Prime Minister Scott Morrison is facing more criticism for side trips on his recent journey to Britain to be on the sidelines at the G7 – this time for a secret tour to explore his family history.
It has emerged that Mr Morrison – who sparked outrage on social media last week for visits to several Cornish pubs while in Britain – also ducked off to explore his convict roots.
The extracurricular journeys all came despite the PM repeatedly publicly stating that Britain remains too risky a destination for Australian travellers.
Last Sunday’s trip to a village about 45 minutes away from the G7 summit in Carbis Bay was not disclosed to the media, despite being on Mr Morrison’s agenda for a fortnight.
It came to light because it was reported on a local news website, CornwallLive, and has sparked more anger among Australians stranded abroad.
Kelsey May, an administrator of the Facebook group Aussies Stranded in the UK, said she understood Mr Morrison needed to travel to the G7.
“But that doesn’t mean it doesn’t hurt people to see him then have personal time, as convenient as it might have been,” she said.
The Nine newspapers are reporting that Mr Morrison headed off to St Keverne after delivering a speech on the G7’s last day. He had a police escort on the way to the village, where his fifth great-grandfather, William Roberts, was born.
Mr Roberts was sent to Australia as part of the First Fleet.
In St Keverne, Mr Morrison met Karen Richards from the local historic society. She had been asked to research his family history and find the graves of relatives.
“I had known of his visit for about a fortnight but was unable to tell anyone about it – not even others who are also related to William Roberts that are still living and working in the village today,” Ms Richards wrote in a post on CornwallLive at the weekend.
Mr Morrison also visited Bodmin Jail, which posted on its Facebook page about a “surprise visitor” who “popped in to hear about the strong Australian connections with many inmates held at the jail”.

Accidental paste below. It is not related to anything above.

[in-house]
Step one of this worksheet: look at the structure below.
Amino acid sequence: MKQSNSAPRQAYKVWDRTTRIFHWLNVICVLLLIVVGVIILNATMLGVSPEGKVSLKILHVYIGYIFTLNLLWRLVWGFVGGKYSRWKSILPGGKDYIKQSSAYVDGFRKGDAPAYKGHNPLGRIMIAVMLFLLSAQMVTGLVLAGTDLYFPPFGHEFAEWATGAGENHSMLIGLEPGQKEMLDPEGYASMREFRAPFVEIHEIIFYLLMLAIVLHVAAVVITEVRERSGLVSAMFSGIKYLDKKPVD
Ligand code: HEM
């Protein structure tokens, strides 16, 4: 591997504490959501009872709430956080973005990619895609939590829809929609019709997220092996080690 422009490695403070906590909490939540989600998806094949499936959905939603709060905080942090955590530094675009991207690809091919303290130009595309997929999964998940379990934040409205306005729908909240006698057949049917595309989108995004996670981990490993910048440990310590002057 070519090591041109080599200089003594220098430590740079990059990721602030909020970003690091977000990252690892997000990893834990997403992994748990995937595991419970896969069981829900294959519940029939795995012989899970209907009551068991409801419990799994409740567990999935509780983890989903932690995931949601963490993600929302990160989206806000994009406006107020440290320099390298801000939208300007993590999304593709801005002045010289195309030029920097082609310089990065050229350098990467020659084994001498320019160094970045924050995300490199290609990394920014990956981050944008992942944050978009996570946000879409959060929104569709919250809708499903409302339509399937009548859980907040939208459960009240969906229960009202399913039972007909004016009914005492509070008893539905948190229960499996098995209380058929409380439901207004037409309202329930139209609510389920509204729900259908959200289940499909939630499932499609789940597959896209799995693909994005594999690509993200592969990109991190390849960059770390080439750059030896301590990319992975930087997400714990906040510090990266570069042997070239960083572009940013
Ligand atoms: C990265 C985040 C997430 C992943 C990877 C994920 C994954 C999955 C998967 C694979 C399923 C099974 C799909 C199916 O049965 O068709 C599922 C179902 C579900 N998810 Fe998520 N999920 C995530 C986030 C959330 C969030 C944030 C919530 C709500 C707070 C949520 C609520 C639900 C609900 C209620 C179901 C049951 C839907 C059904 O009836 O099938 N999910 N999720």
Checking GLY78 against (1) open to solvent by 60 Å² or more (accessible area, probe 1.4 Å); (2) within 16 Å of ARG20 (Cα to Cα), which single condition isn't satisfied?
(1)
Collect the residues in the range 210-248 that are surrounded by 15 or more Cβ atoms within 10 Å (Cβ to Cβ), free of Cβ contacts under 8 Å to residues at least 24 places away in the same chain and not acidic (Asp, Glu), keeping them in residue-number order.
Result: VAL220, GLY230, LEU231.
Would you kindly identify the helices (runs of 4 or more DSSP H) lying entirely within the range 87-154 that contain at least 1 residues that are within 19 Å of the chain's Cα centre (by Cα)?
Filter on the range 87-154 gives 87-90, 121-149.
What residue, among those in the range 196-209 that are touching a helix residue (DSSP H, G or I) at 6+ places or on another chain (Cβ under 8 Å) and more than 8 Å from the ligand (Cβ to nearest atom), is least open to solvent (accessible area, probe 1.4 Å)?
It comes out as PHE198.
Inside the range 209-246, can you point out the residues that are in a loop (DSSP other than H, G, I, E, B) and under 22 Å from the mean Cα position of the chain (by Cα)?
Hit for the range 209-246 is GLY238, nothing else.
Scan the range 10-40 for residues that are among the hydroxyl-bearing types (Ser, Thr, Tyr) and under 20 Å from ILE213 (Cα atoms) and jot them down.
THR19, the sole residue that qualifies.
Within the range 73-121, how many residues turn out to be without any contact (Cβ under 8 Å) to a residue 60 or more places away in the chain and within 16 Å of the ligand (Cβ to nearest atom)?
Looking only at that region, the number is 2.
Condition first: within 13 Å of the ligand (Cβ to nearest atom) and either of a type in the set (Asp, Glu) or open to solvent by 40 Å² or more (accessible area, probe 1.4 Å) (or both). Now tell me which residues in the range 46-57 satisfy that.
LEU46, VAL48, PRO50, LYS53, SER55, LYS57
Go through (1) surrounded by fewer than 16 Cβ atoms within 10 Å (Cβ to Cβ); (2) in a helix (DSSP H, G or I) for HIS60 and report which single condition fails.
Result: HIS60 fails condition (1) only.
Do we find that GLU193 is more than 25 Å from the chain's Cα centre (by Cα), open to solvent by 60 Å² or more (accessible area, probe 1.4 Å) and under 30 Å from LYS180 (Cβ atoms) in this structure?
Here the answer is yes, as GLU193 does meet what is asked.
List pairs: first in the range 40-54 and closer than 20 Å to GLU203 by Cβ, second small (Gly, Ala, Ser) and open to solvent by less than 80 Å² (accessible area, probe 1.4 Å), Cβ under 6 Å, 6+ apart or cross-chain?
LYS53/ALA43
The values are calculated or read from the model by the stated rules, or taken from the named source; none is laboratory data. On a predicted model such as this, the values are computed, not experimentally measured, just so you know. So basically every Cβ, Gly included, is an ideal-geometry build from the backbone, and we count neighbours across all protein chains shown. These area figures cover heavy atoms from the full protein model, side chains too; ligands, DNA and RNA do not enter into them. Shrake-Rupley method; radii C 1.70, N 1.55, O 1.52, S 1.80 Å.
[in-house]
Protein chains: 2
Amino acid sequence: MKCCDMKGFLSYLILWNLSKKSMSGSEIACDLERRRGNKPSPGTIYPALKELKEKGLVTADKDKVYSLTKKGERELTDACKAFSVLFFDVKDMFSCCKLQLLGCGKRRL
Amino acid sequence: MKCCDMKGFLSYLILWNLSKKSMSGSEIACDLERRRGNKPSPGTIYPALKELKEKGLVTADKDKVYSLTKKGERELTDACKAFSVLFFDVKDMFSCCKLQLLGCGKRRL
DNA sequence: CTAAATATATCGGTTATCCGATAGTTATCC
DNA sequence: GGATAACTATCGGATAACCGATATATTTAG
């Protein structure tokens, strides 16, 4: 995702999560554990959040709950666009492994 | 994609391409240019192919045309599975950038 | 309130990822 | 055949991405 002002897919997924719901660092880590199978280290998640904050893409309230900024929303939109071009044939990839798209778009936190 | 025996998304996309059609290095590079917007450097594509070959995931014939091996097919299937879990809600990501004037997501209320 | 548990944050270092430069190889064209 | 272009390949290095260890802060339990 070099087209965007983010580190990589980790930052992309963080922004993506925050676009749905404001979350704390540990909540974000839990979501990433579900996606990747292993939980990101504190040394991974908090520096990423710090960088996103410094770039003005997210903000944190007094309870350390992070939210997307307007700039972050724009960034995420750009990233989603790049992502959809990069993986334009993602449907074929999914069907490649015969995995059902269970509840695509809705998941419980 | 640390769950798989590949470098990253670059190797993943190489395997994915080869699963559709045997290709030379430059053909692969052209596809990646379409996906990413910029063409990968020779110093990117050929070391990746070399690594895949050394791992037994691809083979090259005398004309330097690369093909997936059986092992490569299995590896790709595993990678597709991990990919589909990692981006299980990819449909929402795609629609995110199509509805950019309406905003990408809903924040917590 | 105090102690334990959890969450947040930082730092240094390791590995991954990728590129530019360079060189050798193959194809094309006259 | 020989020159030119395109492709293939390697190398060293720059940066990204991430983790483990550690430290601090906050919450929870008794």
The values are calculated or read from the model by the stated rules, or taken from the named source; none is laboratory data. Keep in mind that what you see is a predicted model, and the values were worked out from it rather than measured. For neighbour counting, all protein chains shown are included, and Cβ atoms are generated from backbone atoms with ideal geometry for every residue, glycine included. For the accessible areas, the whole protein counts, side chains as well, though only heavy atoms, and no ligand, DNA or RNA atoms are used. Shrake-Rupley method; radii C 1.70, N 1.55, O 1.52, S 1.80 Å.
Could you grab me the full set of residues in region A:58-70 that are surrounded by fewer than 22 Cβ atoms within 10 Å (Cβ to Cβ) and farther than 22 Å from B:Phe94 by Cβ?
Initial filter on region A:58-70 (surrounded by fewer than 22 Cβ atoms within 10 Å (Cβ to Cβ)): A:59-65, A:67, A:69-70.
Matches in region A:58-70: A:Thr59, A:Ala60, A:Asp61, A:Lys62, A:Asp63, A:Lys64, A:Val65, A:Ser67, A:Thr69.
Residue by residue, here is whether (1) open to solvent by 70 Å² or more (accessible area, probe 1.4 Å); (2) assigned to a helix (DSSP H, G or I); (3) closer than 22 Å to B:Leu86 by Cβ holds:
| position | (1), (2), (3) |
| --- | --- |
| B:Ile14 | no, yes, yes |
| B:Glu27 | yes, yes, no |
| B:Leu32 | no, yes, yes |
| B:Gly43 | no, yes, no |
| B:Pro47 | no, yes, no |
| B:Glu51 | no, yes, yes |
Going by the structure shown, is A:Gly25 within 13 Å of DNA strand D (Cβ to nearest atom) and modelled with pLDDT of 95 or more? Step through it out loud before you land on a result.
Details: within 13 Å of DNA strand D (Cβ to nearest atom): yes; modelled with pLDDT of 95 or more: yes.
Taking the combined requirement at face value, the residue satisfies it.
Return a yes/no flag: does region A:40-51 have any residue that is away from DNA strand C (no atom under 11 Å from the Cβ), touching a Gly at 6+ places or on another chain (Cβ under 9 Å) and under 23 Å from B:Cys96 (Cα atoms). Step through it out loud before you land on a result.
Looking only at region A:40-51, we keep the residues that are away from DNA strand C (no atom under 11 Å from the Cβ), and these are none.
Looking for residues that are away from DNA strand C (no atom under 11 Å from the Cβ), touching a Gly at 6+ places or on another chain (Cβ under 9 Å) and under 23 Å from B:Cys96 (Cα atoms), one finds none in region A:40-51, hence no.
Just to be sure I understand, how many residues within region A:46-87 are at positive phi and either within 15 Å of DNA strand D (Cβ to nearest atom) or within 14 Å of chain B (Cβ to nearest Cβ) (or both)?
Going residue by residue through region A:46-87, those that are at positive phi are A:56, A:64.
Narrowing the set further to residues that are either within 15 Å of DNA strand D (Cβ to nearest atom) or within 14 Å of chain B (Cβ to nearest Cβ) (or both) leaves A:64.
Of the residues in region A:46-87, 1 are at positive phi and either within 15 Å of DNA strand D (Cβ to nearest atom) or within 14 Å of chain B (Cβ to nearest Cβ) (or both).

On Monday, Mr Morrison defended tracing his Cornish family roots and insisted Australians would not see the trip as a double standard.
“It was pretty innocent … that’s massively overstating it,” he told 2GB radio.
Mr Morrison said his plane had to land north of London because of fog and the Australian delegation stopped off at one pub on the road journey to Cornwall.
That was the Jamaica Inn, which sparked anger from grounded Australians after posting a picture of the PM with pub staff on social media.
“We had some lunch and stopped off in another location on the way,” Mr Morrison said.
“After the G7 on the way to the airport, we stopped at another place, which just happens to be where my fifth great-grandfather was from.”
Two other local inns – The Old Quay House and Three Tuns Cornwall – also posted of being excited about hosting the Australian contingent.
Three Tuns is in St Keverne, and is where the group lunched after Mr Morrison’s graveyard visit.
The PM said he “certainly hoped” Australians would be able to travel overseas by next Christmas.
He repeated his view that the COVID situation in Europe during its summer would help determine when Australia reopened its borders.
“We’ll learn a lot from that,” he said.
“If it’s not causing serious illnesses and rising hospitalisations, then that will be important information for our medical experts to look at and give us good advice about what that means for travel.”